This comparative history of peacemaking in medieval Europe, including England and its rivals (mainly France, Wales and Scotland) and Denmark and her partners, 1154-1241 (the reigns of the Angevin and Danish kings), is divided into five main parts. The first four parts deal with the non-verbal aspects of peacemaking, and its last part treats the written treaties between the belligerents. This division accurately reflects the importance that medieval societies assigned to ritual and symbolic acts, often of greater significance than written documents.

Part one, "Meeting Places," describes in detail the importance of the choice of meeting place between the parties. Using well- articulated arguments, Benham proves that peacemaking, like war, was the prerogative of rulers, and not a unified action by a specific nation or race. Therefore, the place and location for parley carried great weight. Equals met in the middle, at a well defined, recognizable site between their territories, such as an elm tree or ford, whereas negotiations between a superior and inferior were carried out at the superior's court, forcing the inferior party to come to him. Benham's notion that "the deeper they had to travel (e.g., the Scottish kings to the English ones) the more inferior they were" (50) seems a bit dogmatic. Others factors may have come into play, and the exact distance may not have been of such significance. But the argument regarding the symbolic importance of this act of meeting is forceful and argued with great perspicacity.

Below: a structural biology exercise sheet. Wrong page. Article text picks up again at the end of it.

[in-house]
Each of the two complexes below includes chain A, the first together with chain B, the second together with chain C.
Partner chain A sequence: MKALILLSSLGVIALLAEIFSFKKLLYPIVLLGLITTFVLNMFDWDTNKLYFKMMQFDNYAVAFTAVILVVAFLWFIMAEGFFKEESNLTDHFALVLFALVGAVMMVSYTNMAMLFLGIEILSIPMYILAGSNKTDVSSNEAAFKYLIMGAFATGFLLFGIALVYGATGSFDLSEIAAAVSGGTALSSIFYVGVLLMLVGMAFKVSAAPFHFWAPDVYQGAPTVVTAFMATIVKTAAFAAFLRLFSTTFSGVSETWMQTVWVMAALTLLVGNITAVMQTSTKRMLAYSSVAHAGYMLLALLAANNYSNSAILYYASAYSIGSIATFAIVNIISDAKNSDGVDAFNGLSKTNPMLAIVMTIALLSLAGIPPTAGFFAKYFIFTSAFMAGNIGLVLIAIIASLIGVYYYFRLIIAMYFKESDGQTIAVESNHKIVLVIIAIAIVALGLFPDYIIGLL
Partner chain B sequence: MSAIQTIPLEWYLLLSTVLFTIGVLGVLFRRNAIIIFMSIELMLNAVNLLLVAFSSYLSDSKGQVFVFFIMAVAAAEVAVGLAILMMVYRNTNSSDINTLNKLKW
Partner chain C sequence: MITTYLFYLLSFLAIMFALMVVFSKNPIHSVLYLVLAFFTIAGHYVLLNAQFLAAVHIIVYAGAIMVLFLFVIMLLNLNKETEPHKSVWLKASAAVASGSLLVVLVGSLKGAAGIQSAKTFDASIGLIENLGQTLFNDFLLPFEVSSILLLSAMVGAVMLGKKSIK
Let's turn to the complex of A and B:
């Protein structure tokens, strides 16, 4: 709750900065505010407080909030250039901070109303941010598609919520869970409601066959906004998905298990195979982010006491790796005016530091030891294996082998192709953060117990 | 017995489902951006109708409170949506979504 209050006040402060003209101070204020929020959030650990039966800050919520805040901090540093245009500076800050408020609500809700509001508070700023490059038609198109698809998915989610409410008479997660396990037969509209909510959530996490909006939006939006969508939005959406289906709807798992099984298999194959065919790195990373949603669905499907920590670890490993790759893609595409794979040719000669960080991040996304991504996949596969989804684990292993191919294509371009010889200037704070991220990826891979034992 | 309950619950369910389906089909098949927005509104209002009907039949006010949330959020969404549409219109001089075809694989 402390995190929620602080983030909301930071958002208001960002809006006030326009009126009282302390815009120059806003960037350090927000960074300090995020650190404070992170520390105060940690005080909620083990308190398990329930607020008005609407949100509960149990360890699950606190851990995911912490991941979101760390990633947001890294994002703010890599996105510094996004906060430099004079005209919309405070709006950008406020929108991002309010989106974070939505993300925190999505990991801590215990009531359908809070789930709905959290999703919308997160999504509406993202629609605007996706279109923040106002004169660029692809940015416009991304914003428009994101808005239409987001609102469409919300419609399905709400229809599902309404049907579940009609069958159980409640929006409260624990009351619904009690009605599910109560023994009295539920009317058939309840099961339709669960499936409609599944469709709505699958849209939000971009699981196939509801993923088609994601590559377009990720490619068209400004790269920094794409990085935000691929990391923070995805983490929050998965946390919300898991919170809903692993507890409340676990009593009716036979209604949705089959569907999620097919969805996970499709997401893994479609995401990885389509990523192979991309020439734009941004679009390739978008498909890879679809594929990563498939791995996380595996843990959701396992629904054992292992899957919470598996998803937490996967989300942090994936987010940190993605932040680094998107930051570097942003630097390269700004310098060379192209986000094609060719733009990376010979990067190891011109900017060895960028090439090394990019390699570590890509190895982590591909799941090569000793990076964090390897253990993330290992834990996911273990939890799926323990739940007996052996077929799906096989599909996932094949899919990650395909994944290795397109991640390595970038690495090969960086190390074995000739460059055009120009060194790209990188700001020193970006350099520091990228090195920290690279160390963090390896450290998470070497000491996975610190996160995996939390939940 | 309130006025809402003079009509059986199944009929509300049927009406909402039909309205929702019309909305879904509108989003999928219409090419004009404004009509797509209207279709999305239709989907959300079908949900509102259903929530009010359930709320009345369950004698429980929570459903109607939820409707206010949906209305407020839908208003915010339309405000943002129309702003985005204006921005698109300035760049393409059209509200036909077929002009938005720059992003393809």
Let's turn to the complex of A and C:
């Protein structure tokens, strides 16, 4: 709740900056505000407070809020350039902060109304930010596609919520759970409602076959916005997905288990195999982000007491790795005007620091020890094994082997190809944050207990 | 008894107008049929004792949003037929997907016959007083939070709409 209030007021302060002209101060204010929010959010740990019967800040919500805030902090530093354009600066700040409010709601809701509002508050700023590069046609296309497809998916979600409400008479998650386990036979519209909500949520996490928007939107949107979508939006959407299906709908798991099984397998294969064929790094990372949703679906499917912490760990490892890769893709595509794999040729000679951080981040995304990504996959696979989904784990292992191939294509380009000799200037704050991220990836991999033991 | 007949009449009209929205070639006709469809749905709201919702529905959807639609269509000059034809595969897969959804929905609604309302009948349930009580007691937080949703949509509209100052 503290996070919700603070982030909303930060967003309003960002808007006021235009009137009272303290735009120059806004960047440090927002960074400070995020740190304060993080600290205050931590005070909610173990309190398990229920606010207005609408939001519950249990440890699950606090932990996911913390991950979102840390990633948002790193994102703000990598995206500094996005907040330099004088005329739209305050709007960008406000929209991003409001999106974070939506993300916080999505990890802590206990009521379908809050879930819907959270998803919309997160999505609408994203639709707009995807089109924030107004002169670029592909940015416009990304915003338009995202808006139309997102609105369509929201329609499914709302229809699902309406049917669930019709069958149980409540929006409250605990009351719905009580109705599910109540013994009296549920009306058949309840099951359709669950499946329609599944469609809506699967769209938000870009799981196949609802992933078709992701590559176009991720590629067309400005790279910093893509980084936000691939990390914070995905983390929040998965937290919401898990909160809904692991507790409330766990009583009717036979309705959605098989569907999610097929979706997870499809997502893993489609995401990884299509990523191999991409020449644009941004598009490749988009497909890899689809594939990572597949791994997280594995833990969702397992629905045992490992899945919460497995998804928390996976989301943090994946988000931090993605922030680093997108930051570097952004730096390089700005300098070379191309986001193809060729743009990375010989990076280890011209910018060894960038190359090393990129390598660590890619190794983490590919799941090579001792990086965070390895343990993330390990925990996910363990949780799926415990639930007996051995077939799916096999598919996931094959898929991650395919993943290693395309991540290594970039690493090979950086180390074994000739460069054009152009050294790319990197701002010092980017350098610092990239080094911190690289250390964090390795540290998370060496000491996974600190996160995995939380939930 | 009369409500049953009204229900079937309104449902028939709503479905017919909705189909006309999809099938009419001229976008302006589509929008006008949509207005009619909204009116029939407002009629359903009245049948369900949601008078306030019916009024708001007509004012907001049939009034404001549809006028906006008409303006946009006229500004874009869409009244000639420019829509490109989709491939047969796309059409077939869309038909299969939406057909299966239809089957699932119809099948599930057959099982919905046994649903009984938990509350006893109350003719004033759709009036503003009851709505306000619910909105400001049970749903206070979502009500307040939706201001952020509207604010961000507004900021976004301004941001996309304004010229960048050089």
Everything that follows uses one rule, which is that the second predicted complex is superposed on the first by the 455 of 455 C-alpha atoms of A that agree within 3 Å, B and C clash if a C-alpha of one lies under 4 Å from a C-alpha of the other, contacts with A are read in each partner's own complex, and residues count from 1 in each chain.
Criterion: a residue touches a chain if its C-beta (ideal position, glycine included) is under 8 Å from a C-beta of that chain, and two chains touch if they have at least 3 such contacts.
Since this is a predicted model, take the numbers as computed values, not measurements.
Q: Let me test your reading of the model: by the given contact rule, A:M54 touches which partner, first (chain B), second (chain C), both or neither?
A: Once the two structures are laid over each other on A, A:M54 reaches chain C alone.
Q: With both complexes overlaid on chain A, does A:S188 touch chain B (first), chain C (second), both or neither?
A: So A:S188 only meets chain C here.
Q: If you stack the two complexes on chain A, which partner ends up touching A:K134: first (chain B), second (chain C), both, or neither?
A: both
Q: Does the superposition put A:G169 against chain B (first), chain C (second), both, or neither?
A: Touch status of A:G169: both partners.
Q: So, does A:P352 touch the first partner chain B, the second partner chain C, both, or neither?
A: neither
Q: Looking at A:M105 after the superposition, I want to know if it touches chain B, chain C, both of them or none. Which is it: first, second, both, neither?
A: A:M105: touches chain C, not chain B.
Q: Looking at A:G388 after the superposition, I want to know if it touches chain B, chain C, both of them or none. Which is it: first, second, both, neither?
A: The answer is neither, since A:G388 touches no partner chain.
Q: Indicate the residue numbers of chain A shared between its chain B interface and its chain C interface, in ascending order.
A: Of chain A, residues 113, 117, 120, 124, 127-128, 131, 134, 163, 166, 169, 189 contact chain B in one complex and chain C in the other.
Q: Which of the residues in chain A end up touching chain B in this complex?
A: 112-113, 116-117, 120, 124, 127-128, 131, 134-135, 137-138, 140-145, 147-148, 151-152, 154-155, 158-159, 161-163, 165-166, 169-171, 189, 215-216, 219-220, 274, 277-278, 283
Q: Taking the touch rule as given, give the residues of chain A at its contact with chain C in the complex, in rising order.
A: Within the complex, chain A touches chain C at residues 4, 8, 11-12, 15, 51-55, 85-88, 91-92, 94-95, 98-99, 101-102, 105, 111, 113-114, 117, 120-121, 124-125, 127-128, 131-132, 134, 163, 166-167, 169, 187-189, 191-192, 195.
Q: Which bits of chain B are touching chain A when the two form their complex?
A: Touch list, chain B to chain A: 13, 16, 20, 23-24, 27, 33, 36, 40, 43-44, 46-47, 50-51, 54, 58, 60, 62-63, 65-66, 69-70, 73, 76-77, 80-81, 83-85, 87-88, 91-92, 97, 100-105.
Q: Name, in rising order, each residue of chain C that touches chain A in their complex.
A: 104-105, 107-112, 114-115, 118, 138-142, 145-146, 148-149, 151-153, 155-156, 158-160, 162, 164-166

The rich, informative second part, "The 'Rituals' of Peacemaking," treats gesture, such as gift exchanges, banquets, and gestures of submission. Benham here follows in the wake of Marcel Mauss, Gerd Althoff, and Phillipppe Buc. Missing from the discussion, however, is Offenstadt's work on Anglo-French peacemaking from the late thirteenth century on.